The Anatomy of a Reading – How to Conclude a Reading

Concluding a reading can sometimes be difficult.

You will find that people sometimes:

1. Do not want to let go and will keep asking questions or try to get more information;

2. Feel sad or even angry that a specific person did not come through;

3. Get upset at the information that came through; and

4. Want you to provide therapy.

Learning to generously give of yourself and then kindly and professionally demand that your boundaries are respected is a skill that you want to develop. For example, it’s important to be sure to inform clients about the duration of a reading and how and when the reading will end.

Further, be sure to conclude a reading with a thank you, acknowledging your Spirit Guides (as well as the client’s Spirit Guides) for coming through. You also want to give the client a minute or two to sit, think, meditate or talk to you about what they’ve experienced.

In this way, you assist them in processing information, especially information that they were unclear about or couldn’t confirm during the reading. You might also give them a brief process for connecting again on their own, away from the session with you.

Be sure to summarize the session and remind them of any signals or symbols the spirit gave them to let them know they are present.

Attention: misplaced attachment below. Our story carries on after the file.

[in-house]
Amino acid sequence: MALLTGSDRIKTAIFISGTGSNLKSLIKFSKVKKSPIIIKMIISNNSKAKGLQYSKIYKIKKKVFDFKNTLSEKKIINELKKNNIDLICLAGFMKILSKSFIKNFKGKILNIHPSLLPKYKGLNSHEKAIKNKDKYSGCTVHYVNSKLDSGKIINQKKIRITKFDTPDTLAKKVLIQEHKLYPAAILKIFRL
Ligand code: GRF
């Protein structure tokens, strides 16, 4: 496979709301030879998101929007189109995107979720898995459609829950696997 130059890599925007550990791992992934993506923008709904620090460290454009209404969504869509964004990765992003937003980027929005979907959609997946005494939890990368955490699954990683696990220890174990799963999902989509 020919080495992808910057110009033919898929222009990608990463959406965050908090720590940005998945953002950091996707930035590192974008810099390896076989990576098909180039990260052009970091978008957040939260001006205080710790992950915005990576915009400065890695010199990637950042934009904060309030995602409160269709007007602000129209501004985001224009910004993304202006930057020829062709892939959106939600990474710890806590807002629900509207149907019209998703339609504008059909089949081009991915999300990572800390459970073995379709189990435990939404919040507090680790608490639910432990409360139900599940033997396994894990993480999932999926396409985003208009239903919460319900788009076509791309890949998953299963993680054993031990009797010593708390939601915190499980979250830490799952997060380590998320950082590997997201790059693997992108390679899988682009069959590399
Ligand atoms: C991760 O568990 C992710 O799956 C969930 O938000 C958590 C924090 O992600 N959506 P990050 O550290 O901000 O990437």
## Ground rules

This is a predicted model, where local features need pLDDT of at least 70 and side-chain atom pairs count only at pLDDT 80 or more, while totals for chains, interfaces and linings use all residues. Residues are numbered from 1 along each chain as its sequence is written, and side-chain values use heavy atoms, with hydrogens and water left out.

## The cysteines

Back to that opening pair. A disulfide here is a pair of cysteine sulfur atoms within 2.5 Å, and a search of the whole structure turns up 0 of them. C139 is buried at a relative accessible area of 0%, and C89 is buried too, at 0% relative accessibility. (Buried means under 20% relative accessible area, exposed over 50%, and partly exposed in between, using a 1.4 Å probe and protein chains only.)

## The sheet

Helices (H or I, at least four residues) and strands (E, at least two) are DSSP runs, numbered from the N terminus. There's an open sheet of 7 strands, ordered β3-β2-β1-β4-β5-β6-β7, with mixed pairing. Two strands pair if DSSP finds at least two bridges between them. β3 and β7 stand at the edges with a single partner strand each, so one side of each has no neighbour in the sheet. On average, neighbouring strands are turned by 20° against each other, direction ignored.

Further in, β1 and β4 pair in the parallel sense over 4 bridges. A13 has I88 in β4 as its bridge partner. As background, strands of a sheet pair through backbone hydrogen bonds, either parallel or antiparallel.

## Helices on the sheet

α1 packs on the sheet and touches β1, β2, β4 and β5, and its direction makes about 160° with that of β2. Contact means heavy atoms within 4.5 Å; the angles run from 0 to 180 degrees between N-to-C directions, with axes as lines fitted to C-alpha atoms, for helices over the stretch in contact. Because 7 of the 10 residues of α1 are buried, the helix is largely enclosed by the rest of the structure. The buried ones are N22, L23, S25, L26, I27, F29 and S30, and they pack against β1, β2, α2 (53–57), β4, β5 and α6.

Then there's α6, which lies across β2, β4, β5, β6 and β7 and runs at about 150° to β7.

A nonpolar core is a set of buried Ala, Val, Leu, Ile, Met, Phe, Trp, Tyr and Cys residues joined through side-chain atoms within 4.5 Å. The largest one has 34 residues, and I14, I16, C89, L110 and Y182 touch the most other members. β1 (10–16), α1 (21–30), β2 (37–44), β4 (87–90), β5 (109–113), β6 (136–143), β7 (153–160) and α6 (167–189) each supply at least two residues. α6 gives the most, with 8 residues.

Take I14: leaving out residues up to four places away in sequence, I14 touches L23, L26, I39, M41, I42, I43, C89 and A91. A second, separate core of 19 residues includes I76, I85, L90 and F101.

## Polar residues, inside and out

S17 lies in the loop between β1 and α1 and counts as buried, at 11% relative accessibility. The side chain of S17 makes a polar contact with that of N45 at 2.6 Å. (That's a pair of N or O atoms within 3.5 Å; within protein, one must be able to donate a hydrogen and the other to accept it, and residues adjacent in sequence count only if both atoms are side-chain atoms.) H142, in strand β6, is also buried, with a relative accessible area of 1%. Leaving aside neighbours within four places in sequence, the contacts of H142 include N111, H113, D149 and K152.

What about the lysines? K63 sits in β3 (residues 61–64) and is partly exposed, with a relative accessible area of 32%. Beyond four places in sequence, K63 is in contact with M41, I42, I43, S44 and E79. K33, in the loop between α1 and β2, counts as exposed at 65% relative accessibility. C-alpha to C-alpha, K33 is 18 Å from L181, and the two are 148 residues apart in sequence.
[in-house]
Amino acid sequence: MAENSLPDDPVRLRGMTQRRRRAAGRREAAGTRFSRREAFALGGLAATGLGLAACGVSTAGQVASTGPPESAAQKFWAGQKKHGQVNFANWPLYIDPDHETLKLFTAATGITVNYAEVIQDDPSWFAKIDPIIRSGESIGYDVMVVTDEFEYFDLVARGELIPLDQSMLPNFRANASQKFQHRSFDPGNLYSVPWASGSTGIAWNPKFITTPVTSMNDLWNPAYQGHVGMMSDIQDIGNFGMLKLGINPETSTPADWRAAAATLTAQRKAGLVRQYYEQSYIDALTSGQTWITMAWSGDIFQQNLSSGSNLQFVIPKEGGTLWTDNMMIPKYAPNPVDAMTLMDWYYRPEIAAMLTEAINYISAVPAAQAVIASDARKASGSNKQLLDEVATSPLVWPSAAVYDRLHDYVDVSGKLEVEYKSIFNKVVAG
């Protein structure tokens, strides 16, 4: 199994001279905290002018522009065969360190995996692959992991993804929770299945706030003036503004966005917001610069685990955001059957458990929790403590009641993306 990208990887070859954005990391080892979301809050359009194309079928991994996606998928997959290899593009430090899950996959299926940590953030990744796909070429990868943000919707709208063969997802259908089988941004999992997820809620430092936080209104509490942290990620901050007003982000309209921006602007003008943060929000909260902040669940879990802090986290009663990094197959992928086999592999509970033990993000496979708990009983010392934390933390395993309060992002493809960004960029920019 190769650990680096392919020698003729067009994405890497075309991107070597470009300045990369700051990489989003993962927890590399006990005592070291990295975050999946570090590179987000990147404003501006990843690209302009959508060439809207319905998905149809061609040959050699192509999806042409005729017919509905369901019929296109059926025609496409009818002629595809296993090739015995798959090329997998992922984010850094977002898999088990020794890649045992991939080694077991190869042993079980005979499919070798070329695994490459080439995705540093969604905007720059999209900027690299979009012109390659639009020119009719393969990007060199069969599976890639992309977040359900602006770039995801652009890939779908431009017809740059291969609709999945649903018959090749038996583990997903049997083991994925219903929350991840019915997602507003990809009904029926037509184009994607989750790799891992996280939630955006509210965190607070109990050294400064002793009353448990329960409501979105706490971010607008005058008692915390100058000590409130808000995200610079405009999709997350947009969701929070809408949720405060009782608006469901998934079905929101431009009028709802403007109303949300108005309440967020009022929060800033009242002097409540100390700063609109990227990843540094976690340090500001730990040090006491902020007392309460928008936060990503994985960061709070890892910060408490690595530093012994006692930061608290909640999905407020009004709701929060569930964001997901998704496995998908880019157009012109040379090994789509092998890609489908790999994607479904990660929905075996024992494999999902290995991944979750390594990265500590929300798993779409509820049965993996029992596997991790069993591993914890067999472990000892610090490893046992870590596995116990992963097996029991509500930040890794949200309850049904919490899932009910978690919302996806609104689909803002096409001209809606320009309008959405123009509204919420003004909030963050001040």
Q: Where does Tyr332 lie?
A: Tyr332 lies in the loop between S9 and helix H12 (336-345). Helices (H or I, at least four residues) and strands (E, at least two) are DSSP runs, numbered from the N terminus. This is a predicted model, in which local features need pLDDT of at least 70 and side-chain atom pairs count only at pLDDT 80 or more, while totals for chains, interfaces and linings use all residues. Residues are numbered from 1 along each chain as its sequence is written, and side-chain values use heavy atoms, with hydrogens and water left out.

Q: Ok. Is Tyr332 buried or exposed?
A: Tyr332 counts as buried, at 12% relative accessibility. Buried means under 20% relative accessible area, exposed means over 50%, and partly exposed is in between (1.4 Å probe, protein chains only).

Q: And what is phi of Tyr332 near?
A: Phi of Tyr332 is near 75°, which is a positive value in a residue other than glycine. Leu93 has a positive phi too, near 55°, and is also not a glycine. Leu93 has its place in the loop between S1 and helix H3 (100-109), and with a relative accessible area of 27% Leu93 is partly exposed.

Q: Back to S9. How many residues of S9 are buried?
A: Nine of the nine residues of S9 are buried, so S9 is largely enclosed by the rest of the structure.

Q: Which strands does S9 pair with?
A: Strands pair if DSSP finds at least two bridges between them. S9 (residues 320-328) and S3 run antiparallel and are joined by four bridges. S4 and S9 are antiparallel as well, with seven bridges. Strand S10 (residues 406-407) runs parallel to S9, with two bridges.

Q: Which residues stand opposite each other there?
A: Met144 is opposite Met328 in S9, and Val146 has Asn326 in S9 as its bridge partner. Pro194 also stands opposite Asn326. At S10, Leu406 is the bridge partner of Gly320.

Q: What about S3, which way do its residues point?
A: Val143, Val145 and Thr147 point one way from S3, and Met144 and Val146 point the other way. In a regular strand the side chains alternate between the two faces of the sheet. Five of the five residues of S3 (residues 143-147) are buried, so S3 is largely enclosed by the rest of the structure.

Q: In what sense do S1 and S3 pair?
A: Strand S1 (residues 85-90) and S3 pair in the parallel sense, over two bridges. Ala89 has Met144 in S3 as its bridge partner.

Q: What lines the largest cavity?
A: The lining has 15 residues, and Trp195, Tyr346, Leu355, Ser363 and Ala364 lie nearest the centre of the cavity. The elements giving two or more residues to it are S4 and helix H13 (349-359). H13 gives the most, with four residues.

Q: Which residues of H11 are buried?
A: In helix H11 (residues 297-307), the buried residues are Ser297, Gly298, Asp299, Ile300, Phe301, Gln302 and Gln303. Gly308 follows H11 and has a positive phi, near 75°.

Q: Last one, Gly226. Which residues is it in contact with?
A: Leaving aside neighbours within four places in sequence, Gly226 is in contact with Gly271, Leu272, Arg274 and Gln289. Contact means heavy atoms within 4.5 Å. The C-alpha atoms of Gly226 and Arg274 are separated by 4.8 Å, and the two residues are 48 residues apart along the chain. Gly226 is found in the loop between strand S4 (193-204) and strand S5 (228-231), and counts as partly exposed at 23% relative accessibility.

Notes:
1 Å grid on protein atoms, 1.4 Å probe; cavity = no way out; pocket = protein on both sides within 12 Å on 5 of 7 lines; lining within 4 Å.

1. As you go through your day make mental notes of how well you set and keep boundaries in your relationships. Look especially for places in your relationships where you may be allowing others to cross your personal boundaries of time, space, respect or otherwise.

Make note of your impressions and think about ways you can begin to set and maintain clear boundaries. Be mindful that you can set boundaries with care, grace and love. Setting boundaries is an act of self love remember. In addition, you’re teaching others to do the same. Practicing this will assist you when you’re facing situations within a reading where you may need to be firm.

2. Make a brief outline of the conclusion points most important to you and practice this with a friend or client in a reading or coaching-like setting.

3. If faced with one through four listed, think about how you would handle the situation. Just giving thought to the situation will help you navigate it as it arrives.

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